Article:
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299: The Lords of Easy Money

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Why is it that the rich get richer? Well, for one thing, they have money to invest. Think of how many people out there live paycheck to paycheck. Meanwhile, people with money like you and me are able to invest our money and get it working for us.

Remember the mathematical Wealth Formula?


Velocity is the rate that you get your invested capital back in your pocket to redeploy. Leverage is good debt. These variables are critical to the Wealth Formula but meaningless without Mass: the amount of money you actually invest.

If you are able to invest 90 percent of your income, you’re going to grow your money a lot faster than if you can invest only 10 percent of it. You get the idea.

These days, there are variables beyond the Wealth Formula that are helping the investor class to pull away from the pack. The Federal Reserve Bank is fueling the growth in value of those assets in which we invest whether it be equities or real estate. Easy money is rewarding those of us who invest our money by giving those assets a higher price.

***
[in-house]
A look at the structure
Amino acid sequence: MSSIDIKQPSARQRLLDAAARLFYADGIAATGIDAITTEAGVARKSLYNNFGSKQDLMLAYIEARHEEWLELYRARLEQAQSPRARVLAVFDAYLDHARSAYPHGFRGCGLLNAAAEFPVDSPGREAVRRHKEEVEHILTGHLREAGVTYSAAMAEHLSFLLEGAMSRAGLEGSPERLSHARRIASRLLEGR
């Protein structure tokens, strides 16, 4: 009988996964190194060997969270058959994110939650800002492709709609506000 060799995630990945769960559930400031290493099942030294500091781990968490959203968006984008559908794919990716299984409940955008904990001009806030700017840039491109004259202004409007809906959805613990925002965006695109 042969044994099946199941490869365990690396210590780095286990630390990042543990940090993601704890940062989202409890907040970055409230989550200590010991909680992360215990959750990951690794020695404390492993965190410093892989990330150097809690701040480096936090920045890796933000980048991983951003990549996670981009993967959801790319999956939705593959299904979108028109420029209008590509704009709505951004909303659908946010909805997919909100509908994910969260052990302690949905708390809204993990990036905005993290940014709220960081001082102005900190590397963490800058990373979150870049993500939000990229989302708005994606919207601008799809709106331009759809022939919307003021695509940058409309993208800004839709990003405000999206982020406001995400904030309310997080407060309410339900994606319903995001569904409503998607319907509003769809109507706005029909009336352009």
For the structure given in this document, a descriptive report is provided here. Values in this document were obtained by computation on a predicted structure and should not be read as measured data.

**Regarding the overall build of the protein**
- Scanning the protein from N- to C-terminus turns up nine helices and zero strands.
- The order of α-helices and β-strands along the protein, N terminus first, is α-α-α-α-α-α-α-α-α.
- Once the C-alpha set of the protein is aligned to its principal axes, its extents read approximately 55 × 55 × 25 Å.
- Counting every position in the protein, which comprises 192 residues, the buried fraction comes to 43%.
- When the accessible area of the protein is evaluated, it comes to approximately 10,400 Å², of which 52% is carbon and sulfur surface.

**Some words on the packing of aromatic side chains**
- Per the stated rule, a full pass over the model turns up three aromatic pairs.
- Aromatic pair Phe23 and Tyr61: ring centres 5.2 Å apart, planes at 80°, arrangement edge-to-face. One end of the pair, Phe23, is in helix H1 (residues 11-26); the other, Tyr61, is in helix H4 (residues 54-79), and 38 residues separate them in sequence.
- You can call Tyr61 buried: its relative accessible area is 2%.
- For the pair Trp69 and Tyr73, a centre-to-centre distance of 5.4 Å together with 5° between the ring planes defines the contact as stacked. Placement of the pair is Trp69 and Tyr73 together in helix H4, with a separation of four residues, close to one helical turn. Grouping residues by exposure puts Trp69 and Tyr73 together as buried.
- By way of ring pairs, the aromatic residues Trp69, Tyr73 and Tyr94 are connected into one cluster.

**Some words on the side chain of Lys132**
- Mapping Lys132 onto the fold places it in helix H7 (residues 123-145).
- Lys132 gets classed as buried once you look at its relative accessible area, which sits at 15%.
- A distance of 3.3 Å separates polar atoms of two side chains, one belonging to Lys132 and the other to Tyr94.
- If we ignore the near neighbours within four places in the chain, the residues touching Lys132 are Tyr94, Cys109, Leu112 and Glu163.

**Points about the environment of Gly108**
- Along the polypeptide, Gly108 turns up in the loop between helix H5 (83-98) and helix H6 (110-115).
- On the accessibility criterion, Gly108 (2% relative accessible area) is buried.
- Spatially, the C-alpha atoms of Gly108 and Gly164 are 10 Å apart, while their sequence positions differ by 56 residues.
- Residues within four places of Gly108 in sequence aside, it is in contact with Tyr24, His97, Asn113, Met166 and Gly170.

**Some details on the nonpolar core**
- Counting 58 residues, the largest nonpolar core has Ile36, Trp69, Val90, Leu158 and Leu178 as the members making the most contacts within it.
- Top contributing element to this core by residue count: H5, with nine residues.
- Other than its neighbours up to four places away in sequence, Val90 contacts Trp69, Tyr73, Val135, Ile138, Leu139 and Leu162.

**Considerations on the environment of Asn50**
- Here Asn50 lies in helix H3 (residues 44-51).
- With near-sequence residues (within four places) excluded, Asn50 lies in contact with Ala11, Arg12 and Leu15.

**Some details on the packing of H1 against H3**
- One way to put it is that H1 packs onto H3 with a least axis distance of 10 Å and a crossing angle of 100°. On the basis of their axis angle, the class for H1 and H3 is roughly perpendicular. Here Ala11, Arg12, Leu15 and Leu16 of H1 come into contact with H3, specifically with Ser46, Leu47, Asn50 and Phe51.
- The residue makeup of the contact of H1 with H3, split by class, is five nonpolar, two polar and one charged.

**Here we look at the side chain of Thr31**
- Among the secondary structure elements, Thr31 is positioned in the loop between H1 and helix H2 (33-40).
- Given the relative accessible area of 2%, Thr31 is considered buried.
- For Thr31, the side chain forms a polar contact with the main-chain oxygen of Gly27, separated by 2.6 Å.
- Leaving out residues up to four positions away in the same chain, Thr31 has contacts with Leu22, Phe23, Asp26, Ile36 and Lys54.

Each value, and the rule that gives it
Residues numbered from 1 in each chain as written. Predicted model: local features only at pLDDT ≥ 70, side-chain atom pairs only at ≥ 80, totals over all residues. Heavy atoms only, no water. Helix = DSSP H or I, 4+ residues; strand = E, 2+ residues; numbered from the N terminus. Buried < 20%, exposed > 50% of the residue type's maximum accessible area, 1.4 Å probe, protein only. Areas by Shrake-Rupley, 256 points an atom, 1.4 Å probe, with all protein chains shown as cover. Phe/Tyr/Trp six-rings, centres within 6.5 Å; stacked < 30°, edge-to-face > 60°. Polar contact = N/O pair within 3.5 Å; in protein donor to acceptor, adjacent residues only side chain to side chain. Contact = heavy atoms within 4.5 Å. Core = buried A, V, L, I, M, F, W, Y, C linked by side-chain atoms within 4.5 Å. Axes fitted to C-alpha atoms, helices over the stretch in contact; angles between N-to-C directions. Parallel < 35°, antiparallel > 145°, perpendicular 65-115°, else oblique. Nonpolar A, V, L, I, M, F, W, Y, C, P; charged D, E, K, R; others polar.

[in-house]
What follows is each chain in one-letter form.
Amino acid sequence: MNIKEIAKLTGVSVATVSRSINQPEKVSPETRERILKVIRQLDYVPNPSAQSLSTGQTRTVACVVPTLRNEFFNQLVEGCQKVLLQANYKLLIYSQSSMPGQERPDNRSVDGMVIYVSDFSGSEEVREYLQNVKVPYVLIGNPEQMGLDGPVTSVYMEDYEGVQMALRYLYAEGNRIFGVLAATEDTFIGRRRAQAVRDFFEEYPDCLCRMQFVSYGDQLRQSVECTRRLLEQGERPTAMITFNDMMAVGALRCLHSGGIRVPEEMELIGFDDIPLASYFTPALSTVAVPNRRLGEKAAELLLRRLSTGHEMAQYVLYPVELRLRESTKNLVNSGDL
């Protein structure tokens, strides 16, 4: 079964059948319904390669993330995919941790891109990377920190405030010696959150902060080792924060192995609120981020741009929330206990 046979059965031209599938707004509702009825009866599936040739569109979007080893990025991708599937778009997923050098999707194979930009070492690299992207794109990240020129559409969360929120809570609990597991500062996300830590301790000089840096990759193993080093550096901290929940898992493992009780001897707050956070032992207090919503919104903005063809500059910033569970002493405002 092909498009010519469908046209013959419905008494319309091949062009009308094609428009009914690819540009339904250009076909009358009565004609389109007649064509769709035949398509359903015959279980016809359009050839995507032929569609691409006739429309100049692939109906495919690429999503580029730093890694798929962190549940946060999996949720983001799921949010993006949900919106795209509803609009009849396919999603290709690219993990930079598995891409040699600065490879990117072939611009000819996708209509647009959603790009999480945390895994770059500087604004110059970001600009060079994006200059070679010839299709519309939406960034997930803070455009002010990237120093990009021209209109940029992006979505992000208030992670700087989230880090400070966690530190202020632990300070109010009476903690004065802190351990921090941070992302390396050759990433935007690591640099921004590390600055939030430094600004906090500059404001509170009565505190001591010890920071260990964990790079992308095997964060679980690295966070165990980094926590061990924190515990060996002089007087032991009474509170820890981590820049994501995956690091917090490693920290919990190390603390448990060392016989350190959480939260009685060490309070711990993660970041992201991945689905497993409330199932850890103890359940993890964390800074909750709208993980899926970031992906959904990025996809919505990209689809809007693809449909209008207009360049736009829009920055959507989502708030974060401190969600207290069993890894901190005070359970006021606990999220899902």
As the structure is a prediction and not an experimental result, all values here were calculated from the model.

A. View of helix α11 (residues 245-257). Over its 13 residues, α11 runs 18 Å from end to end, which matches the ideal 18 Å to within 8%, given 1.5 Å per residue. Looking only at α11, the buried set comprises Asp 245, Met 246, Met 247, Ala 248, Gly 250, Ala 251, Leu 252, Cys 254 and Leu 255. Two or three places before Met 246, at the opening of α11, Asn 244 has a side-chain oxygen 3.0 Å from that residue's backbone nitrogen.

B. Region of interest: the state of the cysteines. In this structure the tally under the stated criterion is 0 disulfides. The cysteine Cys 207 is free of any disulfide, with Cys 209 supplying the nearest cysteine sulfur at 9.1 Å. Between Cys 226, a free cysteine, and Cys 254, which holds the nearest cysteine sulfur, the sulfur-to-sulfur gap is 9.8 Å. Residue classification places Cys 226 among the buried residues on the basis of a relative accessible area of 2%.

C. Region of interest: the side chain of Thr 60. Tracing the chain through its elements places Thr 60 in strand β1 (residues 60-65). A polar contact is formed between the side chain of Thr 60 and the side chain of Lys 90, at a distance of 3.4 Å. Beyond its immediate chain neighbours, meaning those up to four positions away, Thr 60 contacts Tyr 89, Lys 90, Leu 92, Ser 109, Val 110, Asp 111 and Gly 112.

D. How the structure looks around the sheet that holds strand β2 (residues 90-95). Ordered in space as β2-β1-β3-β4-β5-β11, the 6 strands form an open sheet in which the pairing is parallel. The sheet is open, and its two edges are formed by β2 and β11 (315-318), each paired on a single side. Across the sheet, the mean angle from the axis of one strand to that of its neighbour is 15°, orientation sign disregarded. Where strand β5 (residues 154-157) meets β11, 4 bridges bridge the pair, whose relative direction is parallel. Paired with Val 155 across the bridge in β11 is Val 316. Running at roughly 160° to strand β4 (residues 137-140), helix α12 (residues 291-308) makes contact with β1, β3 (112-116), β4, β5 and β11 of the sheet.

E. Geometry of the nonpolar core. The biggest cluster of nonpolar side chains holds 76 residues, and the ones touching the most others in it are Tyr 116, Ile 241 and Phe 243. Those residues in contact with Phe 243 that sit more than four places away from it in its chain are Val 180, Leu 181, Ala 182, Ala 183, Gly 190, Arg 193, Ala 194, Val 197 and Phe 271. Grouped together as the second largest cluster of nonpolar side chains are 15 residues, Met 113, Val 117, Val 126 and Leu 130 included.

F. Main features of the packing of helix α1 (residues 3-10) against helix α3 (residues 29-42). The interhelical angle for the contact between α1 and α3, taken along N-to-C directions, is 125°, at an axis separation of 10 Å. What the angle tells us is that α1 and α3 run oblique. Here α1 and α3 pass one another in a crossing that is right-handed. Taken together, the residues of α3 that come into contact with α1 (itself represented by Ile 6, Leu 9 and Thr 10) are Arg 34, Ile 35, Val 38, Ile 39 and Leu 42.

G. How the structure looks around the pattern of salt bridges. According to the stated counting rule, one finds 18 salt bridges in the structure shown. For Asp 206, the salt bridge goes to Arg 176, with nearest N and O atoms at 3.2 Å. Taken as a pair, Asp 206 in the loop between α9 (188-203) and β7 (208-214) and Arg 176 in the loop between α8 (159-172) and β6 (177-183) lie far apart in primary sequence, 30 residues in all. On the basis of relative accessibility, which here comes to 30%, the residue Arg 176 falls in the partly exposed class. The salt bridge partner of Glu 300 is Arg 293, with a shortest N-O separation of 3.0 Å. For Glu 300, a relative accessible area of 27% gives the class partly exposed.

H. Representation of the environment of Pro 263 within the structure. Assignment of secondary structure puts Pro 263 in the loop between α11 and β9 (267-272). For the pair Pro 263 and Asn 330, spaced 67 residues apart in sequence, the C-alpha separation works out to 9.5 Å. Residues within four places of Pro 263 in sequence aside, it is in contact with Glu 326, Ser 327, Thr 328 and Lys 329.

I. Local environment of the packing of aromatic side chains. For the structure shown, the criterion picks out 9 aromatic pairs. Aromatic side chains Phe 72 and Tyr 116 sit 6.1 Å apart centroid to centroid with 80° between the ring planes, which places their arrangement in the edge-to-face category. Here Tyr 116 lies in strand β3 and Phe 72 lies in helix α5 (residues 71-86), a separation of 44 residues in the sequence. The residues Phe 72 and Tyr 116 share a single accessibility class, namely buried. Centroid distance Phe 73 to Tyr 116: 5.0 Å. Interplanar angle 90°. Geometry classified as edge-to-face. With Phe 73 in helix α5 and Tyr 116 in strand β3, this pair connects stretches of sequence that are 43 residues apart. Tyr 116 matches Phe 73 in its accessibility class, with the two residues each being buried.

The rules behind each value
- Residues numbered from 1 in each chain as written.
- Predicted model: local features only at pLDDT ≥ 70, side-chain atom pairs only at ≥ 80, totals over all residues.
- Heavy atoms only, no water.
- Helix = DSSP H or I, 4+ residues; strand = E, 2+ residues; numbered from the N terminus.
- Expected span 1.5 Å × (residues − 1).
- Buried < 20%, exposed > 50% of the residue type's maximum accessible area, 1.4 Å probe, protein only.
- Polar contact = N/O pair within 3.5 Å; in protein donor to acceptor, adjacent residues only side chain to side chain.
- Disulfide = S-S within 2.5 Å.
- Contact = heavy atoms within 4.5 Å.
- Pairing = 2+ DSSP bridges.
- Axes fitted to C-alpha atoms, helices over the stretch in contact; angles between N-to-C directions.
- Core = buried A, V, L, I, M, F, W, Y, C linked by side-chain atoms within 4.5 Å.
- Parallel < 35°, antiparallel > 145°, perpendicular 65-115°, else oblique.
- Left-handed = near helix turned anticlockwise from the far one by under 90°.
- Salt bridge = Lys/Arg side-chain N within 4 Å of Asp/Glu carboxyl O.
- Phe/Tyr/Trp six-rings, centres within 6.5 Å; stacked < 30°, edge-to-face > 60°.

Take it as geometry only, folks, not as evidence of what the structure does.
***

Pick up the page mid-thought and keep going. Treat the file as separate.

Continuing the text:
And of course as real estate investors, we are not only benefiting from the growth in asset prices, but we are also benefitting from inflation that washes away the value of our mortgage debt. If you have a million dollar mortgage and inflation is 6 percent per year, the value of what you owe is decreasing by 6 percent per year as well. Not a bad deal for us, right?

But now the Fed is getting a little nervous because inflation is pretty darn high and they don’t want to let it get out of control. Hopefully the eventual improvement in the post covid supply chain will make the supply side more favorable and bring inflation down itself.

If not, the Fed will have to figure out how to get itself out of the mess. My guest on Wealth Formula Podcast this week explains how this mess was created in the first place by the Federal Reserve over the past decade or so and what it can potentially do to reverse it.


Christopher Leonard is a business reporter whose work has appeared in The Washington Post, The Wall Street Journal, Fortune, and Bloomberg Businessweek. He is the author of The Lords of Easy Money, The Meat Racket and Kochland, which won the J. Anthony Lukas Work-in-Progress Award.


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